By Lennis Lyon I n 1997, I asked my 23-year-old son, Tatian, if he would like to join me on my first visit to Plum Village. "Sure, I've never been to Europe," he replied. I explained we would have one night in Paris, but the rest of the two weeks would be at a Buddhist monastery. His greatest fear was having to get up at 5:00 a.m.
When it came time to leave for France in December, I had a bad flu, and couldn't fly. Tatian decided to go ahead. My bags were packed for a quick departure, but the unrelenting flu postponed my trip entirely. Meanwhile, Tatian called home with reports of his surprise at how good natured and humorous the monks were, how they let him sleep in (he never did meditate), and how for his first job a monk asked him to saw a fallen tree in half and pointed to the shed where he could find a saw. Being new at felling trees, Tatian chose a small saw, and was barely into the cut two days later. The monk laughed and recommended a larger saw.
Tatian was amazed at the trust the community had in his abilities, especially when he was asked to take charge of planning and preparing the evening meal for Upper Hamlet when the head cook was called away on a family emergency. When Tatian asked for the recipe, a monk motioned to the pantry, saying, "You can make whatever you want." Not quite up to this task, Tatian asked for and received help.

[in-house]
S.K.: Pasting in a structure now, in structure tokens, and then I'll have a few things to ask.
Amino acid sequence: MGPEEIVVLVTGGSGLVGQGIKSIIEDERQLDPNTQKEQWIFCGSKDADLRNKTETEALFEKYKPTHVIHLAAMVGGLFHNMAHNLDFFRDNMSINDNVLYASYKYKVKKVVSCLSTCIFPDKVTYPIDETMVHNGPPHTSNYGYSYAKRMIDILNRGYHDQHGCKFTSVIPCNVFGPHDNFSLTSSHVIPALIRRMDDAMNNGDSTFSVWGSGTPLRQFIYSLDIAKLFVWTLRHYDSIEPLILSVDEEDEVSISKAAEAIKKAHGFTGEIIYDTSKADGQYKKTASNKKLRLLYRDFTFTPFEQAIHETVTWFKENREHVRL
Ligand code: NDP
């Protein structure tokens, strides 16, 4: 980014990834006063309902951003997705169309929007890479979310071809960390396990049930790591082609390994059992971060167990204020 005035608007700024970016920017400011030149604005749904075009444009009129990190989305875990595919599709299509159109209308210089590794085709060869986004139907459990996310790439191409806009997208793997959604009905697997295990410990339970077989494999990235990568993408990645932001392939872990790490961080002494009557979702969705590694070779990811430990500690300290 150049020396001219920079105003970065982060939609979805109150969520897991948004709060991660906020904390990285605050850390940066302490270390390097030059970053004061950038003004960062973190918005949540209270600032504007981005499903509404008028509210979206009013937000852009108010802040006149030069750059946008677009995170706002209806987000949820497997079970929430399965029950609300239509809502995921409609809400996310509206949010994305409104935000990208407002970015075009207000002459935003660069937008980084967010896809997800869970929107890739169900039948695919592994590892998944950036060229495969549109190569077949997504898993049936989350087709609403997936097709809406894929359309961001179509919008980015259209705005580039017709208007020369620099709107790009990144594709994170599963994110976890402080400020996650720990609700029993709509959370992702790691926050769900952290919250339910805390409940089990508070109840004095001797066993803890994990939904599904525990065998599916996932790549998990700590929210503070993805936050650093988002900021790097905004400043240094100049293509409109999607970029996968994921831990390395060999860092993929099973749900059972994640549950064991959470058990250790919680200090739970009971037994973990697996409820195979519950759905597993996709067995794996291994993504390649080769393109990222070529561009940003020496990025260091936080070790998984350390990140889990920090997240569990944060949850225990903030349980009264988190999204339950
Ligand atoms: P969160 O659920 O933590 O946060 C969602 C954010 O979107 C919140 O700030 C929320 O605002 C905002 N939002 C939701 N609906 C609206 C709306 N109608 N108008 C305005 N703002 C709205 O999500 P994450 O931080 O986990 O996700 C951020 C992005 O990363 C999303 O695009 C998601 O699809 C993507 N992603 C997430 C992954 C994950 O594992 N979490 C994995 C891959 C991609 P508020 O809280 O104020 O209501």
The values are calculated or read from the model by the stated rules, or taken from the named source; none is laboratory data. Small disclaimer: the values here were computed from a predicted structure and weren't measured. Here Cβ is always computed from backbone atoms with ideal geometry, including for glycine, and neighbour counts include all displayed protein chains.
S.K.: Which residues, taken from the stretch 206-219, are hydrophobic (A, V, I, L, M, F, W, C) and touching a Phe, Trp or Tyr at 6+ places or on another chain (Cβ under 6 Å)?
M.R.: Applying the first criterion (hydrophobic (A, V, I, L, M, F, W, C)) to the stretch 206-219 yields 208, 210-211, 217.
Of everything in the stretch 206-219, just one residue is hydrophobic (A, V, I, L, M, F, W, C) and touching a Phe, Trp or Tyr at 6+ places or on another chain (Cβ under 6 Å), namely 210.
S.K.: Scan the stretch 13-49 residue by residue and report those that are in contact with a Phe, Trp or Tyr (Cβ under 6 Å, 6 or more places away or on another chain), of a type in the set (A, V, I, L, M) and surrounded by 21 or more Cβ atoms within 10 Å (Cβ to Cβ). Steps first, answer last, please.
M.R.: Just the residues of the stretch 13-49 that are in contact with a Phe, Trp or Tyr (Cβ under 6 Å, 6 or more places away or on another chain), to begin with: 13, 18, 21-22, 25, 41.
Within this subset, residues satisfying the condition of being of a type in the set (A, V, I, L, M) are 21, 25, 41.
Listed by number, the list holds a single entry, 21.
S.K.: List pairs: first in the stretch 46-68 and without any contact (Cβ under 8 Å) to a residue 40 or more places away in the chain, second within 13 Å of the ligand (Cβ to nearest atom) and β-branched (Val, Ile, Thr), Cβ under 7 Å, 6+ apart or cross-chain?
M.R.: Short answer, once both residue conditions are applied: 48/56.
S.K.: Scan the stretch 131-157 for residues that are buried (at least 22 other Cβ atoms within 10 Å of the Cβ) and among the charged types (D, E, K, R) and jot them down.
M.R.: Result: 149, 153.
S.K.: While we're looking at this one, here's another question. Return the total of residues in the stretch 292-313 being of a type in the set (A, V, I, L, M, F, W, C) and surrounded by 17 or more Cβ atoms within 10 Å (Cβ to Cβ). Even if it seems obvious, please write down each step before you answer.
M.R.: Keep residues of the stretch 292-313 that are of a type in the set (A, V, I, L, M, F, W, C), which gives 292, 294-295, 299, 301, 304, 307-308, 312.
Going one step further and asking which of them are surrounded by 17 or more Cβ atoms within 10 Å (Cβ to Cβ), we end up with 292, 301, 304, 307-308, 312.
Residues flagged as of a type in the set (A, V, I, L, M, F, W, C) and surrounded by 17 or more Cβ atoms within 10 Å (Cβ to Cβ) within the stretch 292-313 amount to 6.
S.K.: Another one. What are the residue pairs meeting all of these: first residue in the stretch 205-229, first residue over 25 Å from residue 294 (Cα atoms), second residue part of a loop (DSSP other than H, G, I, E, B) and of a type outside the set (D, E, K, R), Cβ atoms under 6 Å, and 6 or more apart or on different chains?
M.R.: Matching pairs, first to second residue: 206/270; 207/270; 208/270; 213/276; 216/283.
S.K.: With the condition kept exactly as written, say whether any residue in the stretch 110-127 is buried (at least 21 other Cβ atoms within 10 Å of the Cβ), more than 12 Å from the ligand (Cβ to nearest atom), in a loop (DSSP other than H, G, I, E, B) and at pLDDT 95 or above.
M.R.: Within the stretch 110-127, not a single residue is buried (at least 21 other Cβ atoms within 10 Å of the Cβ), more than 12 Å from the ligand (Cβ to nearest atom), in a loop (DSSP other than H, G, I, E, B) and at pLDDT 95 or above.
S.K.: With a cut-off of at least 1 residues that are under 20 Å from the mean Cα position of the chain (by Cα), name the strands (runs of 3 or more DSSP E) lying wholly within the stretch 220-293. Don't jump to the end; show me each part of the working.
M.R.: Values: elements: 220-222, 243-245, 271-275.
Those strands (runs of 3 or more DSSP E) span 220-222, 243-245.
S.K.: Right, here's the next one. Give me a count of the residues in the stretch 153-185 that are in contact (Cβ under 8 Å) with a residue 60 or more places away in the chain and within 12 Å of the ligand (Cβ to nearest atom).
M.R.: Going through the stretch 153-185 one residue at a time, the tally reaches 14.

Tatian also spoke of Thich Nhat Hanh's meaningful talks, especially one on love.
I could not have been a happier sick person, knowing my son was experiencing firsthand the teachings and the monastic Sangha who have so deeply touched my life. Then, Tatian returned, moved 300 miles away, and nothing further was said about Buddhism.
In December, a year later, I asked the usual question, "What would you like for Christmas?" Tatian replied by naming clothes, CDs, electronic devices, and the Diamond Sutra. Wonderfully startled, I inquired as nonchalantly as possible, "How did you hear about the Diamond Sutra? "Thich Nhat Hanh gave a talk about it in Plum Village," he answered.
I am grateful that the seeds of mindfulness have been watered in my son and in myself.
Lennis Lyon practices with Pot Luck Sangha in Oakland, California.